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Omicron less likely to cause long Covid than Delta variant: Lancet study

Long Covid is defined as having new or ongoing symptoms four weeks or more after the start of the disease, according to researchers.

June 21, 2022 / 12:40 PM IST
Image Source: Reuters

Image Source: Reuters

The Omicron variant of the SARS-CoV-2 virus is less likely to cause long Covid than the Delta strain, according to a study published in The Lancet journal.

Long Covid is defined as having new or ongoing symptoms four weeks or more after the start of the disease, the researchers said.

Symptoms include fatigue, shortness of breath, loss of concentration, and joint pain, which can adversely affect day-to-day activities, and in some cases can be severely limiting, they said.

The researchers found that the odds of experiencing long Covid were between 20-50 per cent less during the Omicron period versus the Delta period, depending on age and time since vaccination.

"The Omicron variant appears substantially less likely to cause long Covid than previous variants but still 1 in 23 people who catch COVID-19 go on to have symptoms for more than four weeks," said study lead author Claire Steves from King's College London, UK.

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COVID-19 Vaccine

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How does a vaccine work?

A vaccine works by mimicking a natural infection. A vaccine not only induces immune response to protect people from any future COVID-19 infection, but also helps quickly build herd immunity to put an end to the pandemic. Herd immunity occurs when a sufficient percentage of a population becomes immune to a disease, making the spread of disease from person to person unlikely. The good news is that SARS-CoV-2 virus has been fairly stable, which increases the viability of a vaccine.

How many types of vaccines are there?

There are broadly four types of vaccine — one, a vaccine based on the whole virus (this could be either inactivated, or an attenuated [weakened] virus vaccine); two, a non-replicating viral vector vaccine that uses a benign virus as vector that carries the antigen of SARS-CoV; three, nucleic-acid vaccines that have genetic material like DNA and RNA of antigens like spike protein given to a person, helping human cells decode genetic material and produce the vaccine; and four, protein subunit vaccine wherein the recombinant proteins of SARS-COV-2 along with an adjuvant (booster) is given as a vaccine.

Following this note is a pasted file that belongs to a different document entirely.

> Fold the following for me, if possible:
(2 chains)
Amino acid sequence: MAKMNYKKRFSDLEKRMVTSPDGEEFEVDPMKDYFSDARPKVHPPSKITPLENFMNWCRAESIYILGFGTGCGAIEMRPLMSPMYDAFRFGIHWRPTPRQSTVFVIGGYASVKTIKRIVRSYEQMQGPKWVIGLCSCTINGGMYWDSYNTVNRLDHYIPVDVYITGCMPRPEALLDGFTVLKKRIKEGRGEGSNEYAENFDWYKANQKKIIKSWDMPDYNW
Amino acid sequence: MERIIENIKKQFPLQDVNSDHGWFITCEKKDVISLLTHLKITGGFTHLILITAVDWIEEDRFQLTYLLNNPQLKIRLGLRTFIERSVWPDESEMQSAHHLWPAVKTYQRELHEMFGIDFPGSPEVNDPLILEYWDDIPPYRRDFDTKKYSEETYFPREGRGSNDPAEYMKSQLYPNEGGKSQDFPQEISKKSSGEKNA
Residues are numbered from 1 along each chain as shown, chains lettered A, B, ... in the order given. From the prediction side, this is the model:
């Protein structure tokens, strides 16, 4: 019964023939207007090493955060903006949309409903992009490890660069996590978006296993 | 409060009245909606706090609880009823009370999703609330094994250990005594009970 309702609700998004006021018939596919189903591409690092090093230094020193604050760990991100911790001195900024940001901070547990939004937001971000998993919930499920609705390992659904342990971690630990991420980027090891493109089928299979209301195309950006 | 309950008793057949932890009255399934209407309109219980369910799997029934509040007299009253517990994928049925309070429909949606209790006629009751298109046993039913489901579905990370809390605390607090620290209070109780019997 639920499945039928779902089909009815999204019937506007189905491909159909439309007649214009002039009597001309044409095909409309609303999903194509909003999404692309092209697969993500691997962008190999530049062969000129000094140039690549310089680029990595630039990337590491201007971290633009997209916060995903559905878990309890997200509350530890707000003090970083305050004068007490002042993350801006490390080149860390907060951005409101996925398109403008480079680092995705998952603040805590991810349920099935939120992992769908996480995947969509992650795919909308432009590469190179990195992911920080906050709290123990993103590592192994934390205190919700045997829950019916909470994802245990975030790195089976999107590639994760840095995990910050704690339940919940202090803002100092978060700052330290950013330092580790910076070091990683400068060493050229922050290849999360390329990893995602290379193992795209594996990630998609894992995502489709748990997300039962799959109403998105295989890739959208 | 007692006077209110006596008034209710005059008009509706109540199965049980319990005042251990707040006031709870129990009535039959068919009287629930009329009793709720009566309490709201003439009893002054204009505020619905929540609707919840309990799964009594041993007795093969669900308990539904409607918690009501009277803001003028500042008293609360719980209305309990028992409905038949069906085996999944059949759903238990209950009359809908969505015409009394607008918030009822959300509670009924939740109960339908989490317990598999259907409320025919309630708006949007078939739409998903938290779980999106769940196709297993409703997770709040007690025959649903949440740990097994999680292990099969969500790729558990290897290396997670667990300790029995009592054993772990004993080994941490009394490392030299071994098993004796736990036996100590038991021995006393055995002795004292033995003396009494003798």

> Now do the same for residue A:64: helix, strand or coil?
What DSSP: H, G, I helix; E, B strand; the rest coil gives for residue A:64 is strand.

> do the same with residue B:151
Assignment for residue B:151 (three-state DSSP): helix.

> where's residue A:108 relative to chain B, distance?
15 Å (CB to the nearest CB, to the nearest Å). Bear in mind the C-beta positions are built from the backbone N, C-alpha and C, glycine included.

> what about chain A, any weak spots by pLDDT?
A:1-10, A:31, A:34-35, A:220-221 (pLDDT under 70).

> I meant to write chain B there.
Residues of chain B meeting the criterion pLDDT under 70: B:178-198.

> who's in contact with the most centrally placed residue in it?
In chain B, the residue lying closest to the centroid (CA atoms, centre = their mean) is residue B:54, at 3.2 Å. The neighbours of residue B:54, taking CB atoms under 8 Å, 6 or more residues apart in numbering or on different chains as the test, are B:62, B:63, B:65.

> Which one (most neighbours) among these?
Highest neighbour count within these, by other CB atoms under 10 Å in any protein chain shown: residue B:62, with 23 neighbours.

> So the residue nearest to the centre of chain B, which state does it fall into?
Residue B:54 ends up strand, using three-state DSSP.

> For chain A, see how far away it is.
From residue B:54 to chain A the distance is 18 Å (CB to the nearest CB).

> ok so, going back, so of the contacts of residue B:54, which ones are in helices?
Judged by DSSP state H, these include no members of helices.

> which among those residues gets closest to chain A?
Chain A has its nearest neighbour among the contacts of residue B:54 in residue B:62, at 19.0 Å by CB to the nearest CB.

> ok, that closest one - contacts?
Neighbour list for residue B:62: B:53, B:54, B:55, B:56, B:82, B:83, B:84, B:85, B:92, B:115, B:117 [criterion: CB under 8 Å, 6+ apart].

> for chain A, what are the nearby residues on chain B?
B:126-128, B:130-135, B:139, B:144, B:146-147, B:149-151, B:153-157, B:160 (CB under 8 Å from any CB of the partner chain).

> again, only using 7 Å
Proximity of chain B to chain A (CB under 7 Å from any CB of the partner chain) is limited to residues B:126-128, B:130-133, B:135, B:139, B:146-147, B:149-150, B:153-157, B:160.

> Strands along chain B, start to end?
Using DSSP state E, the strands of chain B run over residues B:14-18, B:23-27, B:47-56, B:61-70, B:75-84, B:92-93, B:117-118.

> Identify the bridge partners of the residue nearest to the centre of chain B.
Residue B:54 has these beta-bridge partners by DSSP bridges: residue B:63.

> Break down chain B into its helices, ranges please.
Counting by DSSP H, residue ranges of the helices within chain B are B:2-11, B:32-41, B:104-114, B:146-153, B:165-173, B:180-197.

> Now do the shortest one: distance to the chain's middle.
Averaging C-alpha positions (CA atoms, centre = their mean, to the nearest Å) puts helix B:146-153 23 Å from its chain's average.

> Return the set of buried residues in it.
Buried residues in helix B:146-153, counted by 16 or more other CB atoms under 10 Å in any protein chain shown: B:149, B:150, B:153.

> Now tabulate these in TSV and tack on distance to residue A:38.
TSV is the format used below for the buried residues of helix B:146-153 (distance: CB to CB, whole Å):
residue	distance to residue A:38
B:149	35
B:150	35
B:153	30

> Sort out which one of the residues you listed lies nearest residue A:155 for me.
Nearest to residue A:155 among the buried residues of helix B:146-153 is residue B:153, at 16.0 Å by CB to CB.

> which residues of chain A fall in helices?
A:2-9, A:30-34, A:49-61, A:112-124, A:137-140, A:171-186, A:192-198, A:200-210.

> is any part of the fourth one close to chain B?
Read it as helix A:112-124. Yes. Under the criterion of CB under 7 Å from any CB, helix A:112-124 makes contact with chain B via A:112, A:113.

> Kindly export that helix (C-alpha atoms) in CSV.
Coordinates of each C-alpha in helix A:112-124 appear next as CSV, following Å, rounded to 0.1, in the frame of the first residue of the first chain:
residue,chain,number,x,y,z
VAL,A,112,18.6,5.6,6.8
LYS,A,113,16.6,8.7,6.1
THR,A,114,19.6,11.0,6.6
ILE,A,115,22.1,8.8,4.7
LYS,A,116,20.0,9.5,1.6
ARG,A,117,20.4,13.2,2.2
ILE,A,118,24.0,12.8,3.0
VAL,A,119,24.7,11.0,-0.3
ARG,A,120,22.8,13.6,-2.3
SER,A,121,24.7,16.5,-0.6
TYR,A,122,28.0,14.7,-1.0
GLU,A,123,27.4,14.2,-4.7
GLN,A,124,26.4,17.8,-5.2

What does it take to develop a vaccine of this kind?

Vaccine development is a long, complex process. Unlike drugs that are given to people with a diseased, vaccines are given to healthy people and also vulnerable sections such as children, pregnant women and the elderly. So rigorous tests are compulsory. History says that the fastest time it took to develop a vaccine is five years, but it usually takes double or sometimes triple that time.

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The study identified 56,003 UK adult cases first testing positive between December 20, 2021, and March 9, 2022, when Omicron was the dominant strain. Researchers compared these cases to 41,361 cases first testing positive between June 1, 2021, and November 27, 2021, when the Delta variant was dominant.

The analysis shows 4.4 per cent of Omicron cases were long Covid, compared to 10.8 per cent of Delta cases. However, the absolute number of people experiencing long Covid was in fact higher in the Omicron period, the researchers said. This was because of the vast number of people infected with Omicron from December 2021 to February 2022, they said.

The UK Office of National Statistics estimated the number of people with long Covid actually increased from 1.3 million in January 2022 to 2 million as of May 1, 2022. "Given the numbers of people affected it is important that we continue to support them at work, at home and within the NHS," Steves added.
PTI
first published: Jun 21, 2022 12:40 pm
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